City of Dunkirk budget numbers in the black
It was good news numbers wise for the city of Dunkirk as the city finished its 2012 budget year with all three of its operating funds ending on the plus side of the ledger for the second straight year.
Common Council’s Fi-nance Committee heard a report from Kevin Wystup from the firm of Johnson Mackowiak & Associates LLP Monday about the audit.
According to the audit, the general fund had an operating surplus of $413,975 for 2012, while 2011’s surplus was $63,051; compared to an operating deficit of $426,486 in 2010.
The water fund had an operating surplus of $156,902 in 2012, compared to a surplus of $70,536 in 2011. In 2010 the water fund had a deficit of $320,328. The wastewater treatment fund had an operating surplus of $663,234 in 2012, while 2011 saw a $489,003 surplus. In 2010 the sewer fund had a deficit of $335,202.
The 2012 general fund reported a budgetary surplus of $422,591 while that figure for 2011 was $158,018.
According to the audit, the city’s net position increased by $1,257,702 as a result of activity in 2012 as compared to an increase of approximately $422,530 as a result of 2011 activity.
The audit shows total cost of services going down in 2012 from 2011 levels, including: police ($4,999,000-$5,033,000; fire department ($3,216,000-$3,322,000; water department ($2,371,000-$2,496,000); and wastewater treatment department ($2,939,000-$3,209,000.
The audit shows some changes from the adopted budget for 2012.
In 2012, the original general fund budget was $14,783,817 while the final total was $15,167,232.
In 2011, the original general fund budget was $14,394,184 while the final total was $15,262,100. In 2010, the budget started at $13,928,419 and ended at $14,519,375. Additional appropriations and encumbrance carryovers made up the differences in starting and ending figures.
First Ward Councilman Michael Michalski chairs council’s finance committee.
“I thought that numbers-wise we came in looking very good. I was happy where we came in where our revenues were exceeding our expenditures in all three funds, so that part I was happy with,” he said of the report. “As far as any recommendations or changes that need to be made, I believe we took the first step with changes we made in the fiscal affairs office since the first of the year.”
Michalski was referring to the appointment of Fiscal Affairs Officer Rich Halas in January.
“I don’t think there’s anything really new there that we haven’t seen in the past but I think we have a better handle on how to correct those issues going forward.”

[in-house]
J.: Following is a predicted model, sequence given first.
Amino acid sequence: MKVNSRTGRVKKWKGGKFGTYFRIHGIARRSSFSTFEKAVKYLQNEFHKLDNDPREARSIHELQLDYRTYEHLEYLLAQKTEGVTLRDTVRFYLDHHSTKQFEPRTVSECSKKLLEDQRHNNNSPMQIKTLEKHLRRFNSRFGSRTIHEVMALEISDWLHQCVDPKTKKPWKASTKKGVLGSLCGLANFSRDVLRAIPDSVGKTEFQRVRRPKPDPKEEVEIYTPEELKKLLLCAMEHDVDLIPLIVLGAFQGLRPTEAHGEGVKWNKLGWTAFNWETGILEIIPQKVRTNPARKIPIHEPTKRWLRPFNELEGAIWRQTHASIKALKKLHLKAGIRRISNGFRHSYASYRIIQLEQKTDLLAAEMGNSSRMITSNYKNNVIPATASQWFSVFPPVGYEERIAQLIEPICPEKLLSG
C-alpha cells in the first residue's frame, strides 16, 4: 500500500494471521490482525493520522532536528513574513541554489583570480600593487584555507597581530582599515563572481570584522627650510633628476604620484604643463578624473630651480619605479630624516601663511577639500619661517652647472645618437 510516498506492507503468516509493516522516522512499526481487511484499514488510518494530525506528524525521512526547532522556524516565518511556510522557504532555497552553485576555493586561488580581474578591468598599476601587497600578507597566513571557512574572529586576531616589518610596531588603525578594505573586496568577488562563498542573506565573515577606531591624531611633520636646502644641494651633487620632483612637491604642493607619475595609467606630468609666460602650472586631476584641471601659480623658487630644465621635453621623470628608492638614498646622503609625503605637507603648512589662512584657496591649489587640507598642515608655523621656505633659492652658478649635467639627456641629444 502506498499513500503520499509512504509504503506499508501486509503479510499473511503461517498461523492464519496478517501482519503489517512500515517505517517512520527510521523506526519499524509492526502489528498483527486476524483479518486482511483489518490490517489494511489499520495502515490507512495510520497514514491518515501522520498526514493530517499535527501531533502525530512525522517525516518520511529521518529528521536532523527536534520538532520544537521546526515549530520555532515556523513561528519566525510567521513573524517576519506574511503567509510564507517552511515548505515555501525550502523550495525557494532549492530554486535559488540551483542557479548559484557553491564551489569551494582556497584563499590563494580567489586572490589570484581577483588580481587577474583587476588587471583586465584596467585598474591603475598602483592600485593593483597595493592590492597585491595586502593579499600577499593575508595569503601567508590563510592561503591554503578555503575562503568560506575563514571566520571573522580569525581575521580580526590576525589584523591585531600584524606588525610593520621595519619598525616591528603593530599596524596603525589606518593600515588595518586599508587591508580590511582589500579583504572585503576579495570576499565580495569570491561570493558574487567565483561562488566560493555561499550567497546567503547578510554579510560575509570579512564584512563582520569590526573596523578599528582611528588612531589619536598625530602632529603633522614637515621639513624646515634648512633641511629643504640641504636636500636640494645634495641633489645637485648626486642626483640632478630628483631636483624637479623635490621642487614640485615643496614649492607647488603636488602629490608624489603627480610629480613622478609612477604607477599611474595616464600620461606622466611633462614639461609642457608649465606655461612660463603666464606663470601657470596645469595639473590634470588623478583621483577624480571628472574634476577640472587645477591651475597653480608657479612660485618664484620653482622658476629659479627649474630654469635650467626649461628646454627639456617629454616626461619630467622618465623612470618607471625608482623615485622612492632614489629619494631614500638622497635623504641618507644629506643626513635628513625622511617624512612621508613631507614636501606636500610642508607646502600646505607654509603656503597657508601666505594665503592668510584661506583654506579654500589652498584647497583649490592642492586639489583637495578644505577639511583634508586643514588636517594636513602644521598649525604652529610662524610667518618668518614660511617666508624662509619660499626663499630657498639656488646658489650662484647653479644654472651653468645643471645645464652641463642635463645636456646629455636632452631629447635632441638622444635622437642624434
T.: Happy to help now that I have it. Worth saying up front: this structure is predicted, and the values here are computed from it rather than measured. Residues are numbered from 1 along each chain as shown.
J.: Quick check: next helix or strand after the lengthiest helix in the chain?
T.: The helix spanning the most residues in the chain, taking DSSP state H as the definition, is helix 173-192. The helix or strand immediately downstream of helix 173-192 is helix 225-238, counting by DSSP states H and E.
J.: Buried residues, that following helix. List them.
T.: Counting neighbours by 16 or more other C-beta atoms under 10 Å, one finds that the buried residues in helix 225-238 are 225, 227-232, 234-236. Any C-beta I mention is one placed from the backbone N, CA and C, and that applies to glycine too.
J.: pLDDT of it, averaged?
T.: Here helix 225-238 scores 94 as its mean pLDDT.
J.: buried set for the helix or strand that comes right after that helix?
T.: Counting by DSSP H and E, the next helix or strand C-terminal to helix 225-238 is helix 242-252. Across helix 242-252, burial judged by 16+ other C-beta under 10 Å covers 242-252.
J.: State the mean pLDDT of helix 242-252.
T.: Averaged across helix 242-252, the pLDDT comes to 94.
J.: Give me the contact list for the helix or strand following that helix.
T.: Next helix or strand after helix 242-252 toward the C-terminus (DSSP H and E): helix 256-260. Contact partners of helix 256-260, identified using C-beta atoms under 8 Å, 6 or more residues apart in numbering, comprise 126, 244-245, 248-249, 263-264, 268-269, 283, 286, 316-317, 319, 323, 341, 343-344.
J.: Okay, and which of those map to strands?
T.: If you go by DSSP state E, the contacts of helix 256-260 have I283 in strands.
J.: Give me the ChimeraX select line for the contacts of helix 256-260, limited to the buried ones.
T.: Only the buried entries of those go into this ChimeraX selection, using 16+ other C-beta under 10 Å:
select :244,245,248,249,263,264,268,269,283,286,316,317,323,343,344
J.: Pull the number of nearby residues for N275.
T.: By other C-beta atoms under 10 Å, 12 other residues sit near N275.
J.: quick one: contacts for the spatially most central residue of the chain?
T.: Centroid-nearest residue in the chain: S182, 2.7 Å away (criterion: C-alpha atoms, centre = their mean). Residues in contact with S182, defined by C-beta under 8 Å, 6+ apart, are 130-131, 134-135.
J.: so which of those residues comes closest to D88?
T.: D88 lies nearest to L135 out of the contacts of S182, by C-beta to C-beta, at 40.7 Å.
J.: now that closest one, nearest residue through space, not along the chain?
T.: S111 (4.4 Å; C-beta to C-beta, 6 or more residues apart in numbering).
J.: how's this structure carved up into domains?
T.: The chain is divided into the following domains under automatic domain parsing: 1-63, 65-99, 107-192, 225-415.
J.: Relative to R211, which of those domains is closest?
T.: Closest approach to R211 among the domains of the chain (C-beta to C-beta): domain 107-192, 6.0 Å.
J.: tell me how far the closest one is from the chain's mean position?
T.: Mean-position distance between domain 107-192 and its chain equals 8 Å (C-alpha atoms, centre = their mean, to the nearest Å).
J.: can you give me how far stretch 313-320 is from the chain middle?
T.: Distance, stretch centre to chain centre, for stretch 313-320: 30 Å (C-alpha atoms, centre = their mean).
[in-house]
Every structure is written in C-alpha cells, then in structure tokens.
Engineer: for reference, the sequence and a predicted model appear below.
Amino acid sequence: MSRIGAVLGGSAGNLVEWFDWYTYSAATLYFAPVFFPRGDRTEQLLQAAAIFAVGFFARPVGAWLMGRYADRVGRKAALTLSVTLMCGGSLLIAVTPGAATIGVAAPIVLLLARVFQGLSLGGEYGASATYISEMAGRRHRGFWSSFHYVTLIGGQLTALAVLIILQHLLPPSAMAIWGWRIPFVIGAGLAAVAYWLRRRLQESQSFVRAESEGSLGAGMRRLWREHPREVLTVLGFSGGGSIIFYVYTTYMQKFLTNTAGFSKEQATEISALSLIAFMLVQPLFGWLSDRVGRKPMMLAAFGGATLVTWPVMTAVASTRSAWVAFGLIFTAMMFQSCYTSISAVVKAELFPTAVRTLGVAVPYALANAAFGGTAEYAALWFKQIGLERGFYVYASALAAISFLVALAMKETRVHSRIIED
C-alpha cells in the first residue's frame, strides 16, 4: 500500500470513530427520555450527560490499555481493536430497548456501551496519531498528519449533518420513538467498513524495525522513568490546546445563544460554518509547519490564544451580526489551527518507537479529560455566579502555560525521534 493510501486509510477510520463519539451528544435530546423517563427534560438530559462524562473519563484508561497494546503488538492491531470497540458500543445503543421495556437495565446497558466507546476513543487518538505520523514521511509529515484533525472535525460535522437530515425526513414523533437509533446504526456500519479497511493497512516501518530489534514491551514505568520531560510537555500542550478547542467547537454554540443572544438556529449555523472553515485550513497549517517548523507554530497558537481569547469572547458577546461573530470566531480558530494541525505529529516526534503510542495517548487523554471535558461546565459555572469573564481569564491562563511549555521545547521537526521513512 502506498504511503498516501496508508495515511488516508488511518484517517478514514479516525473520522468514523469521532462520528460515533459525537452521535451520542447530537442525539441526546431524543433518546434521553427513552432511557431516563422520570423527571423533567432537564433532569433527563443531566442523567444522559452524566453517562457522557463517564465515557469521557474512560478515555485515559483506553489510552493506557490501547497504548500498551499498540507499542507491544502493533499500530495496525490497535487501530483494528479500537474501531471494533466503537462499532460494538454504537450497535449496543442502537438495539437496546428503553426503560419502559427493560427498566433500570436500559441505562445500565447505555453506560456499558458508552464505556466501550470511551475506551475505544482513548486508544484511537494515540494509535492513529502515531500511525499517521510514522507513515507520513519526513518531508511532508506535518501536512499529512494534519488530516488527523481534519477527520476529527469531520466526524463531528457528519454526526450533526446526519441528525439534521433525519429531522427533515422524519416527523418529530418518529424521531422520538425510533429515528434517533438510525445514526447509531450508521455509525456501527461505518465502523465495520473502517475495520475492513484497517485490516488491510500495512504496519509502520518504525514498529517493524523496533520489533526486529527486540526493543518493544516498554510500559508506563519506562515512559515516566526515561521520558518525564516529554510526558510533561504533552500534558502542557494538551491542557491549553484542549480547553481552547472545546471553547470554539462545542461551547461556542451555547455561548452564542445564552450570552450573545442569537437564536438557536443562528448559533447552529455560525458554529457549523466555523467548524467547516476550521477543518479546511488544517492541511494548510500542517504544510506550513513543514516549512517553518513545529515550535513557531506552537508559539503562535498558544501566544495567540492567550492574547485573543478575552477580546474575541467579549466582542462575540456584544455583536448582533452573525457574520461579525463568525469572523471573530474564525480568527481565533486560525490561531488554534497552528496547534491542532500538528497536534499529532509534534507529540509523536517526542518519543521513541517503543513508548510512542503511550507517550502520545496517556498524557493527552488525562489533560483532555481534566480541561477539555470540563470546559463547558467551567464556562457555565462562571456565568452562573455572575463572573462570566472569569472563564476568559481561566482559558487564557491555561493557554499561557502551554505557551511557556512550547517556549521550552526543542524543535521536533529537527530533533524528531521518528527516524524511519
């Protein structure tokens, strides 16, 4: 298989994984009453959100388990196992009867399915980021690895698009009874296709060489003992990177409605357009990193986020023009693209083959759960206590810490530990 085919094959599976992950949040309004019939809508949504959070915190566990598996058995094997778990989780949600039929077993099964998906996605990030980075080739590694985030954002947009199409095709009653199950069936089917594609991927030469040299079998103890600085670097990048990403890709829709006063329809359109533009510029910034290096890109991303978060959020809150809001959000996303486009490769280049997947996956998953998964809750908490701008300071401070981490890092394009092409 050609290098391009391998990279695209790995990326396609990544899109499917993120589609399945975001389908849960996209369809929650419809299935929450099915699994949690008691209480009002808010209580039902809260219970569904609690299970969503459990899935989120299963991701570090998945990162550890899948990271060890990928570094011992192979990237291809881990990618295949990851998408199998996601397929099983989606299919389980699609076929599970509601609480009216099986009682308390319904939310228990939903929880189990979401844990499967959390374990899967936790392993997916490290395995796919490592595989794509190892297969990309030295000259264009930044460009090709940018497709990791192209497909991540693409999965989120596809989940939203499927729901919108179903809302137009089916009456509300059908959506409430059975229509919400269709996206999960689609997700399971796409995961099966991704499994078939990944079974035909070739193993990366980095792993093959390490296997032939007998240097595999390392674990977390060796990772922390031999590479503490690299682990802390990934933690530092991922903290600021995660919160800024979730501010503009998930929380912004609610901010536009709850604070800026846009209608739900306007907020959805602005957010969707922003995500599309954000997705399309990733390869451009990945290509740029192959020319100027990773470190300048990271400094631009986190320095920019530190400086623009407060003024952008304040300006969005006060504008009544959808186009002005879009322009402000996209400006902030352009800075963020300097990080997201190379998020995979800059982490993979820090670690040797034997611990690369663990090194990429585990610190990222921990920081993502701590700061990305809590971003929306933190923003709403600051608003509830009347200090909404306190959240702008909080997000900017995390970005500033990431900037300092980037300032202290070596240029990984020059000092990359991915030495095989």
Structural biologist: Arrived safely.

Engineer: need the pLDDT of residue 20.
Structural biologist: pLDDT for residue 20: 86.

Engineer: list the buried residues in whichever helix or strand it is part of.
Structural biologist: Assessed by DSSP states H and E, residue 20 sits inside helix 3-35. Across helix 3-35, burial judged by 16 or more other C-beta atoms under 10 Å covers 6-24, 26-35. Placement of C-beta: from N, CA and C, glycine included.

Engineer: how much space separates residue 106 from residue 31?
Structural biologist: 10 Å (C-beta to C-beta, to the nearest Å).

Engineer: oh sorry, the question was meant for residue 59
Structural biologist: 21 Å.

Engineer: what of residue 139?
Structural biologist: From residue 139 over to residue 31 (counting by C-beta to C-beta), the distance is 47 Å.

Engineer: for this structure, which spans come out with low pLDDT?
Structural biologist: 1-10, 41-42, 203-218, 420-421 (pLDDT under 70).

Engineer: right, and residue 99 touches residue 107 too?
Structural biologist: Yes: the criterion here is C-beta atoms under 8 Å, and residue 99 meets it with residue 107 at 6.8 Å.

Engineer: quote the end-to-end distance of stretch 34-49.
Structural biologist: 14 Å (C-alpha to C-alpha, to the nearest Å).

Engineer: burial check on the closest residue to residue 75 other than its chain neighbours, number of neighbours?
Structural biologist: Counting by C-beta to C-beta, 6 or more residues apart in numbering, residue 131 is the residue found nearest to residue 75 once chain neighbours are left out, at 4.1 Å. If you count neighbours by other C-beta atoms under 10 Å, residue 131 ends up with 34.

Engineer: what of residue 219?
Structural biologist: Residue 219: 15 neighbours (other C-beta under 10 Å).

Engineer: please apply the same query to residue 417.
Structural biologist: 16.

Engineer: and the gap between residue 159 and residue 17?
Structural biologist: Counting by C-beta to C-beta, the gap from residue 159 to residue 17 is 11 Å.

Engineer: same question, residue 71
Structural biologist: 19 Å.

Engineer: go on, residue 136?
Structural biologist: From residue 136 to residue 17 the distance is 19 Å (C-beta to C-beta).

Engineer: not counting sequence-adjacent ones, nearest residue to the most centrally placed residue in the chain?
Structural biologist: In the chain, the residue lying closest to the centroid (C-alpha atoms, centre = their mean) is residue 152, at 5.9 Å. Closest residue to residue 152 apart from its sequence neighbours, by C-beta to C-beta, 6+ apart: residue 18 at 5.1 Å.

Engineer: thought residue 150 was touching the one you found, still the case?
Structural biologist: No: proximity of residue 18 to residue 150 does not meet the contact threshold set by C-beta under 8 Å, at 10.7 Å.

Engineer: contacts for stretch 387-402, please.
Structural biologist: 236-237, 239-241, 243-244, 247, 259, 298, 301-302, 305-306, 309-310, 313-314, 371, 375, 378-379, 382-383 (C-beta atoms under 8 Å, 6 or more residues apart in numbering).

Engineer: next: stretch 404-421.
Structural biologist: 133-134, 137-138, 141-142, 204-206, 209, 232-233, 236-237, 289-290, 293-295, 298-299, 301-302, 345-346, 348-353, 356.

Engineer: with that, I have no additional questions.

One area of concern in the report and during the meeting was the posting of information in a timely manner, an issue attributed somewhat to an unfilled position in the treasurer’s office. Michalski said there was a period of time the slot had to be kept open due to provisions in the union contract covering the position.
“I think it’s something the council is going to have to look at,” Michalski explained. “I really think right now that ball is in the mayor’s court as far as replacing. … If the position gets to the point where it’s affecting city operations, and it looks like we’re beginning to see that because it’s being noted on the audit, if council has to step in and take some actions that’s what we’ll have to do. But at this point I see it as being something that’s going to fall under the auspices of the mayor.”
Councilwoman-at-Large Stephanie Kiyak said the city is doing better than last year but there are issues to be addressed.
“We are still having to work on repayment from funds II and III that were interfund transfers all these years. It always goes back down to the idea that the incremental increases that should have occurred through the years so that it would not be painful were not done,” she said. “Now, when increases are made it seems painful, but it’s something that has to be addressed. Other than that we seem to be in a more positive state that we were last year.”
Kiyak was asked what she attributed the improvement to.
“Perhaps better budgeting, I’d like to think that. I’d like to think that maybe we’re all paying attention a little bit more and we’re addressing the problems as they’re coming up and not pushing issues to the side,” she replied. “I honestly don’t know enough about the overall budget and how it works to give you a definitive answer. Like everyone else, I’m still learning. I don’t have a degree in accounting so I’m making a concerted effort to understand this better so that I can have something to say that helps it in a positive fashion.”
The 71-page report is available on the city’s website, www.dunkirktoday.com.
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